Research Society Recognizes Prof’s Nanotech Work
Sep. 19, 2011
Dr. Julia Hsu, professor in the department of Materials Science and Engineering, has been elected as a Fellow in the Materials Research Society. She is the first UT Dallas faculty member to be so honored.
The society, a 16,000-member international professional society, each year elects approximately 30 fellows. Those chosen are nominated by fellow MRS members and selected based on research accomplishments and contributions to the field of materials research.
“I am particularly honored and humbled to be recognized by my professional peers,” said Dr. Hsu, who also holds the Texas Instruments Distinguished Chair in Nanoelectronics.
Hsu’s accomplishments cited by the society include, “furthering understanding of relationships between materials structure and electronic properties at the nanoscale via careful experimentation and technique development, and for leadership of the materials research community.”
Dr. Yves Chabal
“This is a major achievement for a professional in our field,” said Dr. Yves Chabal, head of the department of Materials Science and Engineering and Texas Instruments Distinguished University Chair in Nanoelectronics. “We are tremendously proud of her achievements that are yet another feather in the caps of both our department and the School of Engineering and Computer Science at UT Dallas, and underscore the quality of our recent hires.”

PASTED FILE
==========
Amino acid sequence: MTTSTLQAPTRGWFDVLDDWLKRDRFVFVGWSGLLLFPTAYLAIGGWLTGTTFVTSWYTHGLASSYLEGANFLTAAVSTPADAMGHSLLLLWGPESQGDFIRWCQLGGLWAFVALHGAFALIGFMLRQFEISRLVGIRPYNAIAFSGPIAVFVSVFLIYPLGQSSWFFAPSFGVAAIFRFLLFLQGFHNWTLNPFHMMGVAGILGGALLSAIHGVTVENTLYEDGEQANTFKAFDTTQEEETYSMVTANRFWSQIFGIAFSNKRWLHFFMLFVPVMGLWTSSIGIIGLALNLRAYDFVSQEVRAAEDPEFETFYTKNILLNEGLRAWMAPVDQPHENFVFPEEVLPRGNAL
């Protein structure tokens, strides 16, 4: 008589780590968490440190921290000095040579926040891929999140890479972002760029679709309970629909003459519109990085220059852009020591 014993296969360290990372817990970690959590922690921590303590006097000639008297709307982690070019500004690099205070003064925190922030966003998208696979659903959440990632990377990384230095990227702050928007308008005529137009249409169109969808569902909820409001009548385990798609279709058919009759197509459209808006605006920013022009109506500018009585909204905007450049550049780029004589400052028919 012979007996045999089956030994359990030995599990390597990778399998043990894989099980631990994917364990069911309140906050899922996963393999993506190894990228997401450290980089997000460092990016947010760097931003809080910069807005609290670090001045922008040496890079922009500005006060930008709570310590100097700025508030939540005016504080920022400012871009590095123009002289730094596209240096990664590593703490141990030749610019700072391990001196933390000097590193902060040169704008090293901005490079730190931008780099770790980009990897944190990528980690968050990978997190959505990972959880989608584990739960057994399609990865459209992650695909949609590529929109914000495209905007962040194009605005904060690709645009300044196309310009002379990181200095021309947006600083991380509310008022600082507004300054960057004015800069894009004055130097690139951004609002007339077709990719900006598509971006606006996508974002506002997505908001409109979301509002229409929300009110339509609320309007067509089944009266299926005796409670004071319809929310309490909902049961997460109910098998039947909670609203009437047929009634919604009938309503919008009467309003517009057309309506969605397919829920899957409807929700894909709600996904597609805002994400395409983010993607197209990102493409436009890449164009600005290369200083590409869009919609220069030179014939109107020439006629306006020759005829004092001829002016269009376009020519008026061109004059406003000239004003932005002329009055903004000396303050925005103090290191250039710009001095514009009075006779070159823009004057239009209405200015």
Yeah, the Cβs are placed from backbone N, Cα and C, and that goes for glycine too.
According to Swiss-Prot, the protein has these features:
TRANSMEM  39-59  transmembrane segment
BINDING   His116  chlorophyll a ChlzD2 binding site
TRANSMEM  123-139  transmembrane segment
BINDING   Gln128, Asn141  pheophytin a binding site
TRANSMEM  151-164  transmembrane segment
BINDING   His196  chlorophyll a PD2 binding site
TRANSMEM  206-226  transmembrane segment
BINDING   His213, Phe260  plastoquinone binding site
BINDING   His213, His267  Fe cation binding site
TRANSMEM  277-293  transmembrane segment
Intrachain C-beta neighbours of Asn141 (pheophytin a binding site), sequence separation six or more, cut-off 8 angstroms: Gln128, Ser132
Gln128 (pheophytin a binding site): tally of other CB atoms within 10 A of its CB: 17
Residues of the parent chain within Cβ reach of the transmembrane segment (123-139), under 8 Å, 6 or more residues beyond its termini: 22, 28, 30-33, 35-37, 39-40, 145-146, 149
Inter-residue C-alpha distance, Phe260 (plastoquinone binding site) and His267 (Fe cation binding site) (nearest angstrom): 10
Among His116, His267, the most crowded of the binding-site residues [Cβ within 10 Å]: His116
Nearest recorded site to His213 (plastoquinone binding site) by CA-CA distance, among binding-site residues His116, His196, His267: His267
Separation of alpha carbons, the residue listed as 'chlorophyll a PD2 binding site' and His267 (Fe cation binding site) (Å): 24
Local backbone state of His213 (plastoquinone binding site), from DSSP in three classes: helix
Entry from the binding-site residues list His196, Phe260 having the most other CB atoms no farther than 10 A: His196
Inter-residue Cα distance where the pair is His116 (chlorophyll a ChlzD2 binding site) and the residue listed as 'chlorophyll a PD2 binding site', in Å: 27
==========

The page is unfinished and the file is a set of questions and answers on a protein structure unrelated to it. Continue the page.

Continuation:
Hsu’s research focuses on nanoscale materials physics. She has done extensive work on local characterization of electronic and photonic materials and devices using scanning probe techniques.
Hsu received her bachelor’s degree in chemical engineering from Princeton University in 1985 and her master’s and PhD in physics from Stanford University in 1987 and 1991, respectively.
She joined UT Dallas last fall.
Hsu’s other honors include the American Physical Society Apker Award, a National Science Foundation Young Investigator Award and a Sloan Foundation Research Fellowship. She was elected to Fellow of American Physical Society in 2001 and American Association for the Advancement of Science in 2007.